Coltsfoot

Petasites spp. – Coltsfoot


ColtsfootPetasites spp. (a.k.a. Tussilago spp.)

Petasites = pe-ta-see-teez, from Greek petasos (a hat), “Sun-hat”. Dioscorides used the name referring to the large leaves.

Identification: This perennial herb rises from a thick creeping rhizome, with large basal leaves. The flower stalk grows up to 30 cm tall in early spring, fruiting and dying usually before the leaves show. The flowers are purple, white or yellow, the stem reddish. The leaves are from thumb size to 30 cm.

Distribution & Habitat: Coltsfoot can be found on stream banks, in swamps and wet tundra. It ranges from Alaska to Washington and into Alberta.

Preparation & Uses: The young flowering stem is a tasty spring vegetable, steamed, or stir fried. The young leaves are edible but feel a little cottony in the mouth. The rootstock of P. frigidus was roasted by Siberian Eskimos and eaten.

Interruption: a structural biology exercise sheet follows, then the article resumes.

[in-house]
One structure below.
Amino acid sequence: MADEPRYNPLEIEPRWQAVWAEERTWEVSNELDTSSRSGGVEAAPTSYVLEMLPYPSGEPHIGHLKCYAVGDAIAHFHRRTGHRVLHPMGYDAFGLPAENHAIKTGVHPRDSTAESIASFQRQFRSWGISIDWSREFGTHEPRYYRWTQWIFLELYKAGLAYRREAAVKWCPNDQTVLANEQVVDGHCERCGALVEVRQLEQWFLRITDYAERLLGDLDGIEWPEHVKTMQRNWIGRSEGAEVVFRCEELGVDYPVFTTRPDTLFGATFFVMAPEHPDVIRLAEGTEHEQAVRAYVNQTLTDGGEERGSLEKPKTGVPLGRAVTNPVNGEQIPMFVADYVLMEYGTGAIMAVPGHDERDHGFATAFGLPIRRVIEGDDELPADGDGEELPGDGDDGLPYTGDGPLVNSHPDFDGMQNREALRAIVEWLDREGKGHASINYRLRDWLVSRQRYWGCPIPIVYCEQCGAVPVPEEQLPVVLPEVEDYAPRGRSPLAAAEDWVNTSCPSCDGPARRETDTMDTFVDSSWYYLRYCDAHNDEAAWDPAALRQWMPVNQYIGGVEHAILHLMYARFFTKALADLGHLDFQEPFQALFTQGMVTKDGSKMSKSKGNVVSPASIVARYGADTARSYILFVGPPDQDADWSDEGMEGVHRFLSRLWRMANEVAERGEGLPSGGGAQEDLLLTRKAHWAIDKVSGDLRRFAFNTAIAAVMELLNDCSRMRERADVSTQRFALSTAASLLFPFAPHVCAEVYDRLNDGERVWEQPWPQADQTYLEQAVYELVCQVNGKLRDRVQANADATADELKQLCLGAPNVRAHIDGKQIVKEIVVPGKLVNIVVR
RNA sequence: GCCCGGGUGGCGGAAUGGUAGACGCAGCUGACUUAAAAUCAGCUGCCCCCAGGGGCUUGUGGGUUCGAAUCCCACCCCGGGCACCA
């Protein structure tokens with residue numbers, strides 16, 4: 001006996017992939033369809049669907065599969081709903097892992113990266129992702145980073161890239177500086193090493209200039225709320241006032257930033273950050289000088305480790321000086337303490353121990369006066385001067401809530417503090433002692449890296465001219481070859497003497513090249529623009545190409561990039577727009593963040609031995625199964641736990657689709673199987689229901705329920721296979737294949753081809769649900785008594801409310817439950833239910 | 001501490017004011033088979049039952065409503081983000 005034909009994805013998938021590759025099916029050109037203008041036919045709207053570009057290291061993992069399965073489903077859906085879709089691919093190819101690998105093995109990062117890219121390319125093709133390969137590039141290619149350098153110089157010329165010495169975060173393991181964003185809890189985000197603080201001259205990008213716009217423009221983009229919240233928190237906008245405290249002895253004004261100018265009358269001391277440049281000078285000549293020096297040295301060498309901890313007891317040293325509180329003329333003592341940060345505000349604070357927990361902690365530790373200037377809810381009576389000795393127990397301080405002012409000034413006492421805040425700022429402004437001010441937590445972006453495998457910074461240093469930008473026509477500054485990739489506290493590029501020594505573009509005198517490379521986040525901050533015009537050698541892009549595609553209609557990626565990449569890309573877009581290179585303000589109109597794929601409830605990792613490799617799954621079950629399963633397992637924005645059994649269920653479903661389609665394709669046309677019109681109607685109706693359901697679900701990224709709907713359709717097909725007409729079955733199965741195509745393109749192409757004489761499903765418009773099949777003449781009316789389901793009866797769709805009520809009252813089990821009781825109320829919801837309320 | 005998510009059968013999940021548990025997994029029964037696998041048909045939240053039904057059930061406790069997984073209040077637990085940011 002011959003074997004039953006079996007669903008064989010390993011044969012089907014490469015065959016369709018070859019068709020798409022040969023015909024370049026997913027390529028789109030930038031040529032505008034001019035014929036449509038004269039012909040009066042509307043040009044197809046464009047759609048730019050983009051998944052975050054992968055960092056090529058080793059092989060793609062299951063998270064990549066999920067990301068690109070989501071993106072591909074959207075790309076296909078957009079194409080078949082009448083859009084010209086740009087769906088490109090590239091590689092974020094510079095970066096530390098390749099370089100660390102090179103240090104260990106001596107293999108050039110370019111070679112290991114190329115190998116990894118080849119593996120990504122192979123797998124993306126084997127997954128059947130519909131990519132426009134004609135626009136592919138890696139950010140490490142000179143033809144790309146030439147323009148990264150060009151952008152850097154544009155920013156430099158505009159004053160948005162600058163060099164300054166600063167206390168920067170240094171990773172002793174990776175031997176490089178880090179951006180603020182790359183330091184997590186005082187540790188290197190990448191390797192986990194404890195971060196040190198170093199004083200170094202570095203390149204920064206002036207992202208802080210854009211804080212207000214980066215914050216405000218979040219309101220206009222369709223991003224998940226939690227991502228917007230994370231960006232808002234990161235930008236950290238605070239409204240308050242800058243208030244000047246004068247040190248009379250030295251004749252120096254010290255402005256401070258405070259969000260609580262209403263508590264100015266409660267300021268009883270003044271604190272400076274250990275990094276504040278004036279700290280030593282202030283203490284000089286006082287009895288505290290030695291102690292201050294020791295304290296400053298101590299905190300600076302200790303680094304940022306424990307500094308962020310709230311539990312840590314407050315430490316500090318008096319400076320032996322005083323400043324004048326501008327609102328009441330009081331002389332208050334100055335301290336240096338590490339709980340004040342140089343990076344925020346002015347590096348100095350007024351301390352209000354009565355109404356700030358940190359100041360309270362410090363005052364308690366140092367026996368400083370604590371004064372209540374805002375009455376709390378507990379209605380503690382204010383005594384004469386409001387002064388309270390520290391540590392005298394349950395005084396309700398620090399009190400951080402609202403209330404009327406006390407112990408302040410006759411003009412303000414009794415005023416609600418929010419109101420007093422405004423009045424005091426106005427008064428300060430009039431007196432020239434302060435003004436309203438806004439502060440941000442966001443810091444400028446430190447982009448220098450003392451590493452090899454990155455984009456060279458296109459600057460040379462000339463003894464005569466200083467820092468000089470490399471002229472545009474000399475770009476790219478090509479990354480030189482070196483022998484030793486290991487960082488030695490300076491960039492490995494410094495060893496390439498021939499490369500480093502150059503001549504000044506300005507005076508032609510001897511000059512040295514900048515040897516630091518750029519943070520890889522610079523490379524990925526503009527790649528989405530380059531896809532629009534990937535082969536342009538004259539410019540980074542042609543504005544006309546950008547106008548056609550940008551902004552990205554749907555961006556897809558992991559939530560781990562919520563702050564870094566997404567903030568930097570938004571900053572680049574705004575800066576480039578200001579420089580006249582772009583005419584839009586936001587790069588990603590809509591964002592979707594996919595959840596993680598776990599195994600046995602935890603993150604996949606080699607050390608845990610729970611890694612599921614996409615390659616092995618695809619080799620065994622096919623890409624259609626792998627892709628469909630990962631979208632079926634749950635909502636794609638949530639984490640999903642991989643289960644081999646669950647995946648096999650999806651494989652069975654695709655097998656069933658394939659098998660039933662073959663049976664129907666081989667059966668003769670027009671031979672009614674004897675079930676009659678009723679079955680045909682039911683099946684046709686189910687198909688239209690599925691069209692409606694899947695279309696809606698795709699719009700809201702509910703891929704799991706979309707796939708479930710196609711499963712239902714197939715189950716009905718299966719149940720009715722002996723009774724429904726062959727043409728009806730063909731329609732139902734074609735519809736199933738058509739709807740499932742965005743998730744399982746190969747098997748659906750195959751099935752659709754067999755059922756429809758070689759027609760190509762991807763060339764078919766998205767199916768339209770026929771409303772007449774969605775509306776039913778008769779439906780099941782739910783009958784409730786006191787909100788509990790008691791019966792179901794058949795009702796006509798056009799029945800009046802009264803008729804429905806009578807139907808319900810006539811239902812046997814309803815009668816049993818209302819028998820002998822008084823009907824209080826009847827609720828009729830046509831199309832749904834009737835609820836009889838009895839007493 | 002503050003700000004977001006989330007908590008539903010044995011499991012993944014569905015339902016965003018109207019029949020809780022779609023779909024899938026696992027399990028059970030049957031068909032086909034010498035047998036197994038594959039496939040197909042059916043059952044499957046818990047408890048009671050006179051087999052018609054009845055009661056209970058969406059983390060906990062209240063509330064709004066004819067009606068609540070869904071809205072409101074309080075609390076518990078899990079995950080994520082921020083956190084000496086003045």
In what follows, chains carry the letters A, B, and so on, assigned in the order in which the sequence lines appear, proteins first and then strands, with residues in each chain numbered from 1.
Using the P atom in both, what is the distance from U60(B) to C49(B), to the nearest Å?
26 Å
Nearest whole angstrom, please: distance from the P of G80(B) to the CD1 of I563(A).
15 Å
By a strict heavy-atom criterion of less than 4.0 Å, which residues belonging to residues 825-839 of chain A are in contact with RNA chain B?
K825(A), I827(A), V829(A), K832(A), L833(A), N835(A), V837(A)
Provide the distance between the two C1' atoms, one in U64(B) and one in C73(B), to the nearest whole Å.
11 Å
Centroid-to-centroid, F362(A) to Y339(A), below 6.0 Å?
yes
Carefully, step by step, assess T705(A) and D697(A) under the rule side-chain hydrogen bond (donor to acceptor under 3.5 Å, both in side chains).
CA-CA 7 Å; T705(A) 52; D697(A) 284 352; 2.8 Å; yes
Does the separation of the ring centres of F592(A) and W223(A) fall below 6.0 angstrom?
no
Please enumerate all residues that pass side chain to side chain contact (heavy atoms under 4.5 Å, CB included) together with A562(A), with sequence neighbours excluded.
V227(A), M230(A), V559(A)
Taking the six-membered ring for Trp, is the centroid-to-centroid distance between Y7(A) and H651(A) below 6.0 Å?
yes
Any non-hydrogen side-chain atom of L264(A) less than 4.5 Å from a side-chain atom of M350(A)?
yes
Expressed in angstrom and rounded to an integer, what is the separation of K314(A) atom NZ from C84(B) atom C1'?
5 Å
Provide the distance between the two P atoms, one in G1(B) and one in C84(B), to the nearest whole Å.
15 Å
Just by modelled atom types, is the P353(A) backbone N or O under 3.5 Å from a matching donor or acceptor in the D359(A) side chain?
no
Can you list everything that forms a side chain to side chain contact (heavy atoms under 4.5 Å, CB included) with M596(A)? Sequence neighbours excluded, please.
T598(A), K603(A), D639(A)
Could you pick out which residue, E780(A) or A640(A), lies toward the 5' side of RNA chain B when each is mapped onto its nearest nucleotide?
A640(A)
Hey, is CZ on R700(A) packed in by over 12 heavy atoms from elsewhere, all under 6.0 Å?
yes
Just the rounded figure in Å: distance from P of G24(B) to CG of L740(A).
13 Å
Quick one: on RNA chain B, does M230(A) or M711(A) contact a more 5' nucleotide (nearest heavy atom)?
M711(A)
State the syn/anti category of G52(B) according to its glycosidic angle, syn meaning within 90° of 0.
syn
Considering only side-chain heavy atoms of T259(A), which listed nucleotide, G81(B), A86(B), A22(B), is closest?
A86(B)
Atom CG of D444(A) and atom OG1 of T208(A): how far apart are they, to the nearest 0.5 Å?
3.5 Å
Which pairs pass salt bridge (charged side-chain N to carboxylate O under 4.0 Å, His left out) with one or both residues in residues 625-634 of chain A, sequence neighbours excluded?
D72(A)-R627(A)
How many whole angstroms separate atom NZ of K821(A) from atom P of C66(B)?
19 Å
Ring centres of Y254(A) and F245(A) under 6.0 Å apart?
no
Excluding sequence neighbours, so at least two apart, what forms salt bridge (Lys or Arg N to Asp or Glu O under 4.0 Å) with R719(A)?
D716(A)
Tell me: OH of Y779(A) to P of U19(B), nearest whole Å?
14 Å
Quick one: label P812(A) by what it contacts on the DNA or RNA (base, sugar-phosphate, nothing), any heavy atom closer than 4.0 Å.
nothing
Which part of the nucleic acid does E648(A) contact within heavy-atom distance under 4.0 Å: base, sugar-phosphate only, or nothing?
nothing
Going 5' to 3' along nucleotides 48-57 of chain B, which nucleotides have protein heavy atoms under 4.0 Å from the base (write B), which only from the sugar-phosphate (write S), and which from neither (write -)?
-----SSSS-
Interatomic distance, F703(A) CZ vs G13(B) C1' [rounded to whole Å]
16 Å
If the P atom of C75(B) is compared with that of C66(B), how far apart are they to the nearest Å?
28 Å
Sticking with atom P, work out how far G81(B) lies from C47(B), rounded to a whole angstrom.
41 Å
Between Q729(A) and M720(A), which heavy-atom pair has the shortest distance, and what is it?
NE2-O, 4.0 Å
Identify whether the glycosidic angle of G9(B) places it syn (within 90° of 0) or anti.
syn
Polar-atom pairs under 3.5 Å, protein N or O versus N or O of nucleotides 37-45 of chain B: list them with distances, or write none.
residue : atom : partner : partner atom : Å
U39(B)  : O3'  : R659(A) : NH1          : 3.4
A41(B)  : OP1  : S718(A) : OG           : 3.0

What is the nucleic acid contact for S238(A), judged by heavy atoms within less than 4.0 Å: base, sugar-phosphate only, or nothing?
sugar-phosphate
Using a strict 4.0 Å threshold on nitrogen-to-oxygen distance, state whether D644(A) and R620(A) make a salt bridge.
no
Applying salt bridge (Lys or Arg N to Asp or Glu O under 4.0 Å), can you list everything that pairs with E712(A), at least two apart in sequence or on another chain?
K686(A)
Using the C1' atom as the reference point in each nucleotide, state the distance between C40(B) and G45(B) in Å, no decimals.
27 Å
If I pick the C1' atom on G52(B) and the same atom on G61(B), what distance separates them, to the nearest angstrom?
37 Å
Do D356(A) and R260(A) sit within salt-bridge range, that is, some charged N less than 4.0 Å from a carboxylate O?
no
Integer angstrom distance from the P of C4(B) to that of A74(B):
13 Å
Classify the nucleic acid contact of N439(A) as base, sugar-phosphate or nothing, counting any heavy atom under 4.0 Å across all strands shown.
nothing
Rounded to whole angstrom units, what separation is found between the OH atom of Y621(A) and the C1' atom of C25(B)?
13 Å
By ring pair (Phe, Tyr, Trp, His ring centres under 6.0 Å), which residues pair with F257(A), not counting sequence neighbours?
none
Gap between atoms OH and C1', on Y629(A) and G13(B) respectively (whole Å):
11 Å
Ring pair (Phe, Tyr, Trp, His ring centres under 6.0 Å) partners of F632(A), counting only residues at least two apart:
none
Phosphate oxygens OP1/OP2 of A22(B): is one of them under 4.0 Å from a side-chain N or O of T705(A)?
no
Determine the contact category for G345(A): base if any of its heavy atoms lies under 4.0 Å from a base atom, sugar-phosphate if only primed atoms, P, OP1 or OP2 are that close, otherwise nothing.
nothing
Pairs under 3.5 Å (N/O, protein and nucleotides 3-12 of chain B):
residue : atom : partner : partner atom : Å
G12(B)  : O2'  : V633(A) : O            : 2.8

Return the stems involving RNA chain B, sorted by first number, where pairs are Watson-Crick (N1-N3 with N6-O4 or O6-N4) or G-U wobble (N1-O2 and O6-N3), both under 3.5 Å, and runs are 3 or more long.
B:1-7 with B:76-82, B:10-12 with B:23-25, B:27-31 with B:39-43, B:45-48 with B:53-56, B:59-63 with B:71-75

The most common use for this herb is cough suppression. It is applied to cases of whooping cough, asthma, bronchial congestion and shortness of breath. It was a specific used (in the form of a smudge) by many Amerindian groups to cure problems caused by smoking too much. It has also been used for menstrual cramps.

Externally, a decoction or poultice was used for sores, insect bites and arthritic pain.